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Westphalians For USA
Partial Information Supplied By:
This breed is classified as a warmblood and is good at dressage and riding. These horses are very refined and elegant, with slender legs, a
straight profile, and a well-balanced body. These animals come in solid dark colors.
This breed is very rare in the USA; it
originated in Westphalia and was exported to the USA only in the 20th century. It is very difficult to find a breeder who works with this breed
and purebred horses are very expensive.
The history of the Westphalian horse is linked with the State Stud of Warendorf, which was founded in 1826 to serve both the Prussian
provinces of Westphalia and Rheinland. The stud was built under the Prussian Stud Administration, which was put together by King Frederick William I in 1713
to improve horse breeding efforts in the German-speaking region. Government-owned studs, identified as "State" or "Principal" studs depending on whether the
facility keeps its own herd of mares, purchase stallions that fit the needs of the surrounding region. The stud fees of state-owned stallions are low, enabling
local breeders to produce high-quality horses from heavy drafts to riding horses to ponies.
The first stallions to stand at Warendorf were from East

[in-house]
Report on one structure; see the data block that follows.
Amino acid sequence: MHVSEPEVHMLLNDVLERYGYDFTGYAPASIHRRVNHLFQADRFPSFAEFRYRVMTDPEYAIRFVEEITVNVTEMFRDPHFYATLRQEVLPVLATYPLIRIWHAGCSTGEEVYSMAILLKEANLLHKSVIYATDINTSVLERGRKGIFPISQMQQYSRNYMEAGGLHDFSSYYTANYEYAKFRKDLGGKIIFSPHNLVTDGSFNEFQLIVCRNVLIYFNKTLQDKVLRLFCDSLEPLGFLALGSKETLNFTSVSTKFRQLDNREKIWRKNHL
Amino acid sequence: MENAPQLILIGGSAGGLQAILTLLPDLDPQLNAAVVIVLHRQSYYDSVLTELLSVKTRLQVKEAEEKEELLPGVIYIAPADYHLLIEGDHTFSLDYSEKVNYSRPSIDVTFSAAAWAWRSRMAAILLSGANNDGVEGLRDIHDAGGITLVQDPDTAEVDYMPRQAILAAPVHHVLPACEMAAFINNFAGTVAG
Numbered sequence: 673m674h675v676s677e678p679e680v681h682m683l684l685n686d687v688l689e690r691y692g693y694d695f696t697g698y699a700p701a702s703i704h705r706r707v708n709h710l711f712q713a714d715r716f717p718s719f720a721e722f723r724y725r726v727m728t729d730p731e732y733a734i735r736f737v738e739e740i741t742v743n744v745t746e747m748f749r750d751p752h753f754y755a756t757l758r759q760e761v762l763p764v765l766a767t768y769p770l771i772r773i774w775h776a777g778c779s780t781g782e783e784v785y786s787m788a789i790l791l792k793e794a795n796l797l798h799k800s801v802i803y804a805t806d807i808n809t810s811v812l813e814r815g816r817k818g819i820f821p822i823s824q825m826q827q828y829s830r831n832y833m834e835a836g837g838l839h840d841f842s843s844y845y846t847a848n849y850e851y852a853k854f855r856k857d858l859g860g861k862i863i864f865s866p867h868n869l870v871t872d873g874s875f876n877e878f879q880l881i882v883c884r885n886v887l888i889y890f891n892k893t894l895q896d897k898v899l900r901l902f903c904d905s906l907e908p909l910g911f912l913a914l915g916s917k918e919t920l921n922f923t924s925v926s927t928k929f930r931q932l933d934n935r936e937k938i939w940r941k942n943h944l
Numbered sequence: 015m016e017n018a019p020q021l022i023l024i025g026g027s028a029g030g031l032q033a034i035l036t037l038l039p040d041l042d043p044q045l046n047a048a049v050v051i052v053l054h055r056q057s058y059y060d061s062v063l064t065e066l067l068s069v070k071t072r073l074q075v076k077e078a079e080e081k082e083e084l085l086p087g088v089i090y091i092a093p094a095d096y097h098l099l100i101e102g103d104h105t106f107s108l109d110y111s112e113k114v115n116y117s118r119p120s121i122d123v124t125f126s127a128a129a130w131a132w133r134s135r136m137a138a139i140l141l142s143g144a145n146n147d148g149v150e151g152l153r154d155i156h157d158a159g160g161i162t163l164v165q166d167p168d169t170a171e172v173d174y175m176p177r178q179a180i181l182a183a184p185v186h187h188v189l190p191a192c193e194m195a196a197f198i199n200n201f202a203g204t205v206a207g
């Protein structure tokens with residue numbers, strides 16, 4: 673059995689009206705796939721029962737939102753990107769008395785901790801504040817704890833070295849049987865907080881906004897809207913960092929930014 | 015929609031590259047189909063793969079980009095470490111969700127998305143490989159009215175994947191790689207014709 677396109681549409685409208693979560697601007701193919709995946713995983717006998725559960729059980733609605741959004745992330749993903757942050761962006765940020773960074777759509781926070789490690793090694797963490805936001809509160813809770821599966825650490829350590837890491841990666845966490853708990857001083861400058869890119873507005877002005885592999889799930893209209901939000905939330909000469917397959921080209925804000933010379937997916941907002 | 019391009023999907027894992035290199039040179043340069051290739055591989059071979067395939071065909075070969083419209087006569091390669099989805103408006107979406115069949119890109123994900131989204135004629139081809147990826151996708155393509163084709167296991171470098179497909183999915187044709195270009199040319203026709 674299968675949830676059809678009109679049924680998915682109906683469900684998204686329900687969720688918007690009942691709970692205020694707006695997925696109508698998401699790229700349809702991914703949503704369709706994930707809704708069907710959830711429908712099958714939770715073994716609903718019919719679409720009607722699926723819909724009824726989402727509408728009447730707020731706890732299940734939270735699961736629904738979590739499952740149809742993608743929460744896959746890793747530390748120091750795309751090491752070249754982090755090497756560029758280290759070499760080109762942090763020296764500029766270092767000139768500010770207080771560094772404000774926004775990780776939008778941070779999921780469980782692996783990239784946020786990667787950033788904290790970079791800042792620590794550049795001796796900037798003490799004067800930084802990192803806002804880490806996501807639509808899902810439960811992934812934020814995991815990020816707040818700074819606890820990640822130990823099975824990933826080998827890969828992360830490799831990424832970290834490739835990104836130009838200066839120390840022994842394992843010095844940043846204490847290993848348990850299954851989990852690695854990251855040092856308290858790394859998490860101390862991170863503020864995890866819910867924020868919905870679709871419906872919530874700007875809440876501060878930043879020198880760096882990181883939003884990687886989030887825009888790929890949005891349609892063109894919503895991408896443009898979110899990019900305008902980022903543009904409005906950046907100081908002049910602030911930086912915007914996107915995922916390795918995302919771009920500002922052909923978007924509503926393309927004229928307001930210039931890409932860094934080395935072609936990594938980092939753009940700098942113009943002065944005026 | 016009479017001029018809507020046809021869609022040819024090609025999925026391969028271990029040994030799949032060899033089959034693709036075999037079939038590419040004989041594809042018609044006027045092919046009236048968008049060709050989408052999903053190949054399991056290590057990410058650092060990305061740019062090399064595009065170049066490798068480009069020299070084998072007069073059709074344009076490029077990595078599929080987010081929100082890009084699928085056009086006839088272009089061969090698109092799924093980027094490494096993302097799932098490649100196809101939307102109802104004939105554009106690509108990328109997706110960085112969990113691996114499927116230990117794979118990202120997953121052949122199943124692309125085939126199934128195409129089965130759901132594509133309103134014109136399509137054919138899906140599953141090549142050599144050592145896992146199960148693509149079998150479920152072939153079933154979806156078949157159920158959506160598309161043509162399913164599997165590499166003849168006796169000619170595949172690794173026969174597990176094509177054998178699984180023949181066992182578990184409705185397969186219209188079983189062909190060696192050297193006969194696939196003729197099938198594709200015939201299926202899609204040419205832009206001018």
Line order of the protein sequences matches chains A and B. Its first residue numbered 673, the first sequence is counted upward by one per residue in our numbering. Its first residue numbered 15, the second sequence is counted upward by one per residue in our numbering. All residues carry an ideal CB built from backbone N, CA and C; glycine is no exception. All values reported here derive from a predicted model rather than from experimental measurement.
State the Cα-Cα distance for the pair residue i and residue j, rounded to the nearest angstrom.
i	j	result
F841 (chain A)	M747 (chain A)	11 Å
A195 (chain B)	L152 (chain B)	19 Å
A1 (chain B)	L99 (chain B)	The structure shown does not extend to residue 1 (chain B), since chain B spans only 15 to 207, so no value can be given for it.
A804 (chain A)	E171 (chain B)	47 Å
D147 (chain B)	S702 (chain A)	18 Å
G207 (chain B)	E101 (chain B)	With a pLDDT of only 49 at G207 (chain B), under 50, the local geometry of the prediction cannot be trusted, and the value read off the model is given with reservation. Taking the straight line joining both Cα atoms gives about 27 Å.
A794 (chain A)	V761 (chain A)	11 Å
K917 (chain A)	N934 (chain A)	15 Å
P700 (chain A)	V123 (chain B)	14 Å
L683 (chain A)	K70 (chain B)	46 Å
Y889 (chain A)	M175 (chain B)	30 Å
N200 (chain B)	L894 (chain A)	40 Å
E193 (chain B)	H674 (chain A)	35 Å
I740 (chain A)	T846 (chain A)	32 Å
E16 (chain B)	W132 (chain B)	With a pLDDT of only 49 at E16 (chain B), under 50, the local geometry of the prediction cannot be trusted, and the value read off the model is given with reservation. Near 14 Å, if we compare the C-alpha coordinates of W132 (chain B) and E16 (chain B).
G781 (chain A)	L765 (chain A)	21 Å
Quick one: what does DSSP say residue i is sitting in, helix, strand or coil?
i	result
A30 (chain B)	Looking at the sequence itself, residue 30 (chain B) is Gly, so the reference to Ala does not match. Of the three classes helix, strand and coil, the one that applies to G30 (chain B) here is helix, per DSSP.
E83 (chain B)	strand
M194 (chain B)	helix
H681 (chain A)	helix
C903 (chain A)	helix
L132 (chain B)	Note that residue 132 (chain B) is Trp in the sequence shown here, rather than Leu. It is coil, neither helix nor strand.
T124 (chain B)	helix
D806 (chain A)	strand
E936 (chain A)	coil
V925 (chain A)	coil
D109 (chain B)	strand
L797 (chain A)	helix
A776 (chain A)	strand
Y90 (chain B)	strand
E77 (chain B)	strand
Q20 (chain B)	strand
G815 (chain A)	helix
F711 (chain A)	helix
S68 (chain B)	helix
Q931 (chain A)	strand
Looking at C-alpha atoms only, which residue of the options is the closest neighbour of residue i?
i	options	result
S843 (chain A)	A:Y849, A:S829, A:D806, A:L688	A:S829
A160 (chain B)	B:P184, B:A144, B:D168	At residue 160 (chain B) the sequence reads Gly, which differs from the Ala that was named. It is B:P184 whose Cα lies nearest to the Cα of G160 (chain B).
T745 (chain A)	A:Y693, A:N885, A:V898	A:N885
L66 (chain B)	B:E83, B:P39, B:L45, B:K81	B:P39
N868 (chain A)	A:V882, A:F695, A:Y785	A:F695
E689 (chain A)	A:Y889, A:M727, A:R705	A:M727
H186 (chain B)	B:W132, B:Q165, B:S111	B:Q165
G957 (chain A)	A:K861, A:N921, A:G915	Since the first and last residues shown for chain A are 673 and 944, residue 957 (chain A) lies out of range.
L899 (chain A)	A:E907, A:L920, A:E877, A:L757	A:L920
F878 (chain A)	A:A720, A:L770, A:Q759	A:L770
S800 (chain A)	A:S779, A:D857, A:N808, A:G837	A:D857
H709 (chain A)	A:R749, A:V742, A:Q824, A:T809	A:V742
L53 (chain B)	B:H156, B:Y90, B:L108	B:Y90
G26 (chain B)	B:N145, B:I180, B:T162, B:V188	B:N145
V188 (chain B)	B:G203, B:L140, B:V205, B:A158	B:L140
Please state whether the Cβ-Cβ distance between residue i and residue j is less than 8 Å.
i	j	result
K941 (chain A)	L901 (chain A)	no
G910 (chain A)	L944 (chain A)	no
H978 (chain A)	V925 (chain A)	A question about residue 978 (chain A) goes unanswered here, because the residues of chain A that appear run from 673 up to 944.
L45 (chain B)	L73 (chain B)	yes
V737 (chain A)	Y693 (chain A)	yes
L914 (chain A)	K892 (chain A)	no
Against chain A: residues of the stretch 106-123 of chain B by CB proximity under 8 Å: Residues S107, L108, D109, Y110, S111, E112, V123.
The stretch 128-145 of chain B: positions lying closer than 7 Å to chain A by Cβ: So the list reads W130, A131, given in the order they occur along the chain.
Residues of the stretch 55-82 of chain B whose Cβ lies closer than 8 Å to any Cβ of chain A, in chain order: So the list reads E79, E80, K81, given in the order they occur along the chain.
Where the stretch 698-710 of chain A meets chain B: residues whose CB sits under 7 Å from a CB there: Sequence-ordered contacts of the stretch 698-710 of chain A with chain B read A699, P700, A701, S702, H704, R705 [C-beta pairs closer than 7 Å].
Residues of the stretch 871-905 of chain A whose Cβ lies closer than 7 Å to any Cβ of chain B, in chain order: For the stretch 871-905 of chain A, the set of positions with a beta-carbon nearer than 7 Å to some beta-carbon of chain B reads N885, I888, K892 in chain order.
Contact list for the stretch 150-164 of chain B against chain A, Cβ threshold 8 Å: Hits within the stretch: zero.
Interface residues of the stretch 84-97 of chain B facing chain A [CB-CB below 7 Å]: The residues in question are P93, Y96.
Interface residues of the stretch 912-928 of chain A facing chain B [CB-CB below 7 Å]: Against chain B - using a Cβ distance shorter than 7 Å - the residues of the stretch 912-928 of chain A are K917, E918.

Prussia, and so were similar to Trakehners of the time. These horses were riding horses with Thoroughbred blood, suitable for the courtiers to ride and use in
cavalry. As the human population between the Rhine and Weser rivers grew, the demand shifted to a medium-heavy all-purpose farm horse to cope with the increase in
agriculture. The noble East Prussian stallions were replaced with heavy warmbloods from Oldenburg and East Frisia.
The turn of the 20th century saw the
heavy warmbloods outdone in the region by the more suitable Rhenish Cold Blood. These horses were better able to pull heavy plows and artillery, and so while
they were principally bred around the Wickrath State Stud, warmblood sires at Warendorf were gradually replaced by cold bloods. The revolutions in automotive
and agricultural technology that these heavy horses helped make possible made them obsolete in turn. In 1957 the Wickrath State Stud was dissolved as the heavy
horses fell out of favor. The stock of warmblood horses was replenished with mares and stallions from nearby Hannover, on which the modern Westphalian is based.
The Federal Riding School was incorporated to the state stud in 1968. It is the site of the training and examination of nationally-licensed professional riders
and instructors, and is also home to the German Equestrian Olympic Committee. Warendorf also hosts stallion performance tests annually.
No behavioral information available.
The strict selection procedure applied to breeding stock ensures that Westphalians are generally free of congenital diseases. They are usually sound and long-lived
Westphalians are bred to be suitable for pleasure riding and competitive in dressage and show jumping. Westphalian breeding has produced a number of sires
very influential to sport horse breeding, including Polydor and his half brother Pilot, and Rubinstein. These families are significant for jumping and dressage respectively. Westphalians
are also popular in North America in show hunter competition.
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